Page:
Examination of Scalp Disorders: Understanding the Different Regions of the Scalp

The human scalp is a complex and vital area of the body, especially when considering hair and skin health. For healthcare professionals, particularly those specializing in hair dermatology and trichology, understanding the various regions of the scalp is crucial for diagnosing and treating scalp disorders. This article delves into the primary regions of the scalp – frontal, vertex, parietal, occipital, nuchal, temporal, and sideburn – and their subregions, providing insights into their roles and relevance in the examination of scalp disorders.

1. Frontal Region The frontal region of the scalp extends from the top of the forehead to the beginning of the vertex region. Common disorders in this area include frontal fibrosing alopecia and male pattern androgenetic alopecia, which often presents as a receding hairline. Examination of this area is critical, especially in early detection of hair thinning and baldness patterns.

2. Vertex Region Located at the crown of the head, the vertex region is a pivotal area for assessing common hair loss disorders like male and female pattern hair loss. Thinning in this area can be an early sign of androgenetic alopecia. The vertex region’s health is indicative of the overall hair density and distribution on the scalp.

3. Parietal Region The parietal region, encompassing the sides and towards the top of the head, is often affected by conditions like tinea capitis and scalp psoriasis. When examining this area, attention is paid to the hair’s thickness, texture, and any signs of scaling or inflammation.

4. Occipital Region The occipital region, at the back of the head, is less prone to hair loss, but it can be affected by conditions such as alopecia areata and seborrheic dermatitis. Examination involves looking for patches of hair loss, redness, or scaling. The occipital region is generally resistant to androgenetic alopecia in most men and women (though there are some exceptions), and so it is usually the area of the scalp where hair follicles are harvested for hair transplantation.

5. Nuchal Region The nuchal region, located at the lower back of the head near the neck, can be susceptible to irritations and fungal infections due to sweat and friction. Some people find it is an area in which they experience ingrown hairs. It’s useful to check for signs of inflammation, infection, or unusual hair loss patterns in this area.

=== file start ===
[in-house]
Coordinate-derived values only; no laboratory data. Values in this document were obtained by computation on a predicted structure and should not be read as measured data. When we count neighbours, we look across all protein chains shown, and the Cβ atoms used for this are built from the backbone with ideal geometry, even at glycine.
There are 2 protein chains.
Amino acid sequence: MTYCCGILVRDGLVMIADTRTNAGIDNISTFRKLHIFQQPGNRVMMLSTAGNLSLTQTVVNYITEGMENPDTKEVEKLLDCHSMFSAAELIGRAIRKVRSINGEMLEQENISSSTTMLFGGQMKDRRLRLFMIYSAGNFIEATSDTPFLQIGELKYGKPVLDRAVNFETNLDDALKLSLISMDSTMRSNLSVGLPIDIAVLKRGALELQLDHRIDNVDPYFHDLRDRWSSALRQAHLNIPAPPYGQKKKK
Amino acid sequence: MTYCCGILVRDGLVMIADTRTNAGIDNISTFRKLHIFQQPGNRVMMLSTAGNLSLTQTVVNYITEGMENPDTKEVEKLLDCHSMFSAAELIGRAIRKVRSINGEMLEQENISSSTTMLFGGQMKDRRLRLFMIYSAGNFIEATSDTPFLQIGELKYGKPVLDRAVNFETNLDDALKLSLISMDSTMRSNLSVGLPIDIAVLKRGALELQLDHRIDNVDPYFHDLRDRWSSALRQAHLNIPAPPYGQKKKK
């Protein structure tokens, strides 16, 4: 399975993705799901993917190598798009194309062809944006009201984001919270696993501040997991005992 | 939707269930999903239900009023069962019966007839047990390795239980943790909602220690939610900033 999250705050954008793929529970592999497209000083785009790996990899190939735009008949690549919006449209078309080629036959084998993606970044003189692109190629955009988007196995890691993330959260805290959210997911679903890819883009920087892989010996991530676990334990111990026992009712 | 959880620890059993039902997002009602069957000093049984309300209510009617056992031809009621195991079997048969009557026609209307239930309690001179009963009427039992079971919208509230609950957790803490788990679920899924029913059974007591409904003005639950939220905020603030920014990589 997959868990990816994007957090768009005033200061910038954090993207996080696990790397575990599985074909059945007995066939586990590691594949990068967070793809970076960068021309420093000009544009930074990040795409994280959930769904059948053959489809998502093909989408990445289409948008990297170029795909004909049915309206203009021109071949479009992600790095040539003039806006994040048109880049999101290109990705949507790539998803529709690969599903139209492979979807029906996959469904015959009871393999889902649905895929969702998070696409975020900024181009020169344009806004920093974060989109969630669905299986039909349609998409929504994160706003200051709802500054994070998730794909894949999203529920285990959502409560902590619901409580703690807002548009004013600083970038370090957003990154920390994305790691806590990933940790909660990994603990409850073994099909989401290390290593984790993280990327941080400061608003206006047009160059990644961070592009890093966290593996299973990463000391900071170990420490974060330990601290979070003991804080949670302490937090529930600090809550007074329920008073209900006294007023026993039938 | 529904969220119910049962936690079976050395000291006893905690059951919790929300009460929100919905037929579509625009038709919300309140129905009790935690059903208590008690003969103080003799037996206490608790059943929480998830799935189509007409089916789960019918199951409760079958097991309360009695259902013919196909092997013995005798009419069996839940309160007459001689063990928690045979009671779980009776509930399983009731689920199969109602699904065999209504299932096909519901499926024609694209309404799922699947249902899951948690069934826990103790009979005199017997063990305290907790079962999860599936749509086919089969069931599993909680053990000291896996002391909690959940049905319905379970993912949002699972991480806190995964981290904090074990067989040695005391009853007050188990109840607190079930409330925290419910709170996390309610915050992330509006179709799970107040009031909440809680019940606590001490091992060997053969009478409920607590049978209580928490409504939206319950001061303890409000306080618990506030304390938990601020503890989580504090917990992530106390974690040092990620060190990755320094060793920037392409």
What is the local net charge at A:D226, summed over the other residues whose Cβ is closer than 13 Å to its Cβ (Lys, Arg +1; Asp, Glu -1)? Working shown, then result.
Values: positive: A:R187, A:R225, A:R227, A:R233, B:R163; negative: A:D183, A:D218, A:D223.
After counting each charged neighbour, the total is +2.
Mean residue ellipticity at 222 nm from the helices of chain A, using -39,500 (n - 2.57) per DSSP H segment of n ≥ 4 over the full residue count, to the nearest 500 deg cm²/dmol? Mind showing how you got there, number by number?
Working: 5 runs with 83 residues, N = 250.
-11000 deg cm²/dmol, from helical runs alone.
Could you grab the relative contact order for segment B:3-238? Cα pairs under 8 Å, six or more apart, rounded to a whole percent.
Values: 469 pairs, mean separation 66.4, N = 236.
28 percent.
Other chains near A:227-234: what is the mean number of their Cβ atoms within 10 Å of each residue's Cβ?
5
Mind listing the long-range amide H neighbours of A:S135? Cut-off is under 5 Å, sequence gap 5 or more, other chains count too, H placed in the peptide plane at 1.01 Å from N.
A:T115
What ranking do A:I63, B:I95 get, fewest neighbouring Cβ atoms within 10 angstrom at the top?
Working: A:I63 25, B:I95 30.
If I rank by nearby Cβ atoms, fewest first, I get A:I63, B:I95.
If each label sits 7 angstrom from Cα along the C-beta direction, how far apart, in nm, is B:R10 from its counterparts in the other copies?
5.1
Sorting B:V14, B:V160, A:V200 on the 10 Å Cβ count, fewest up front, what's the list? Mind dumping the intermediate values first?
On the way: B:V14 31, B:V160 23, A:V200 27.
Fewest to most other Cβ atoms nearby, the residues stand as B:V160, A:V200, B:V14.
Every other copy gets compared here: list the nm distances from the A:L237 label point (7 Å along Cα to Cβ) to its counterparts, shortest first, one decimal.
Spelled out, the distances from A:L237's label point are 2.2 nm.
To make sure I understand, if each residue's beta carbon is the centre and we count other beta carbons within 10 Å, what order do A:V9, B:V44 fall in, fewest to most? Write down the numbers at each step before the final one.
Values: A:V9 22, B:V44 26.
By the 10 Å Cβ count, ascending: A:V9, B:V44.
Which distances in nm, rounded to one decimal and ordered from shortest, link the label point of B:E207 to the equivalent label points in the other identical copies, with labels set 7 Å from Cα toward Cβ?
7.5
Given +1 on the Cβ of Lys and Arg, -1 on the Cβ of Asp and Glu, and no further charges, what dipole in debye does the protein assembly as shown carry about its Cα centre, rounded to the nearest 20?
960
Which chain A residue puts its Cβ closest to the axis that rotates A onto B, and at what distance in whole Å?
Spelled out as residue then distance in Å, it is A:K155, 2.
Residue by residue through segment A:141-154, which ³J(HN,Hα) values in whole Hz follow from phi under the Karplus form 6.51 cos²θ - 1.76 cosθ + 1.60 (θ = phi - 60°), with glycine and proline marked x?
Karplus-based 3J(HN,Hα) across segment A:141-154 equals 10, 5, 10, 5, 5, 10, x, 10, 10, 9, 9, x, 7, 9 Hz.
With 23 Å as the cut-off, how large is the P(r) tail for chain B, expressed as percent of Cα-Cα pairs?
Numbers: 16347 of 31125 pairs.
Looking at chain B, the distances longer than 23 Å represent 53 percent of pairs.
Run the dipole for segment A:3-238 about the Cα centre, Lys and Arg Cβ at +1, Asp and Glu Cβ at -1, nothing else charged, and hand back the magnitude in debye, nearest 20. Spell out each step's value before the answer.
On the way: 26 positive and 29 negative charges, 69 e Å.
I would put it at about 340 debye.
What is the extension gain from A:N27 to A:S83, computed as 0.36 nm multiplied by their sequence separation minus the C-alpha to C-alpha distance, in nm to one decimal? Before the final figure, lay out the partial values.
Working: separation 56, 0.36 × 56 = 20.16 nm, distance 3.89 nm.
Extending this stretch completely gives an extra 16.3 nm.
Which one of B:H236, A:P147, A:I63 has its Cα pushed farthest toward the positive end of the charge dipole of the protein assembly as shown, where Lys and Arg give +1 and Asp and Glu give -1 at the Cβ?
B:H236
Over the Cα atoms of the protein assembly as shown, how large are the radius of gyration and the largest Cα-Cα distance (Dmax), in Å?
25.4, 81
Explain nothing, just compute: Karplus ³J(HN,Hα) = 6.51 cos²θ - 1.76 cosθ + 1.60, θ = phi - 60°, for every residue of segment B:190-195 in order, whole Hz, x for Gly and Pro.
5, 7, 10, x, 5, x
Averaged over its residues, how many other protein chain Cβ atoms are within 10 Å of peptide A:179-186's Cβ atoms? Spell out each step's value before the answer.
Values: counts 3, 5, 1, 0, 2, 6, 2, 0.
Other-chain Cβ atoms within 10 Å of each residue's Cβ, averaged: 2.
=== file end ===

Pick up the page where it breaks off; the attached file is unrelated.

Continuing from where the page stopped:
6. Temporal Region The temporal region, at the sides of the head above the ears, can show temporal fibrosing alopecia. It may also be an area where there is hair thinning in men with extensive androgenetic alopecia. It is important to note changes in hair density and texture in this region, as they can be indicative of broader scalp or systemic issues.

7. Sideburn Region The sideburn region, though often overlooked, can reveal signs of scarring alopecias and dermatological conditions like lupus. An examination should include a look at hair growth patterns, texture changes, or skin discoloration.

Subregions and Their Importance

Each main region of the scalp also encompasses subregions that require detailed examination. For example:

a. Frontotemporal Area The frontotemporal area, spanning the frontal and temporal regions, is critical in assessing androgenetic alopecia’s progression. Thinning or recession in this area is often more pronounced and can provide insights into the disorder’s severity and rate of progression.

b. Vertex-Occipital Area The vertex-occipital area connects the vertex and occipital regions. While this area is less likely to experience severe hair loss, disorders here can indicate more generalized scalp conditions.

c. Parieto-Occipital Area The parieto-occipital area, bridging the parietal and occipital regions, is a common site for psoriatic plaques and dermatitis. This area’s health is vital for understanding the spread and impact of these conditions.


The examination of scalp disorders requires a thorough understanding of the scalp’s various regions and their subregions. Each area can present unique symptoms and conditions, necessitating a detailed and comprehensive approach to diagnosis and treatment. Recognizing the signs and patterns of hair and scalp disorders in these regions is essential for effective management and therapy.

By understanding the specific characteristics and vulnerabilities of each scalp region, medical professionals can provide targeted and effective care, improving patient outcomes in managing scalp disorders.


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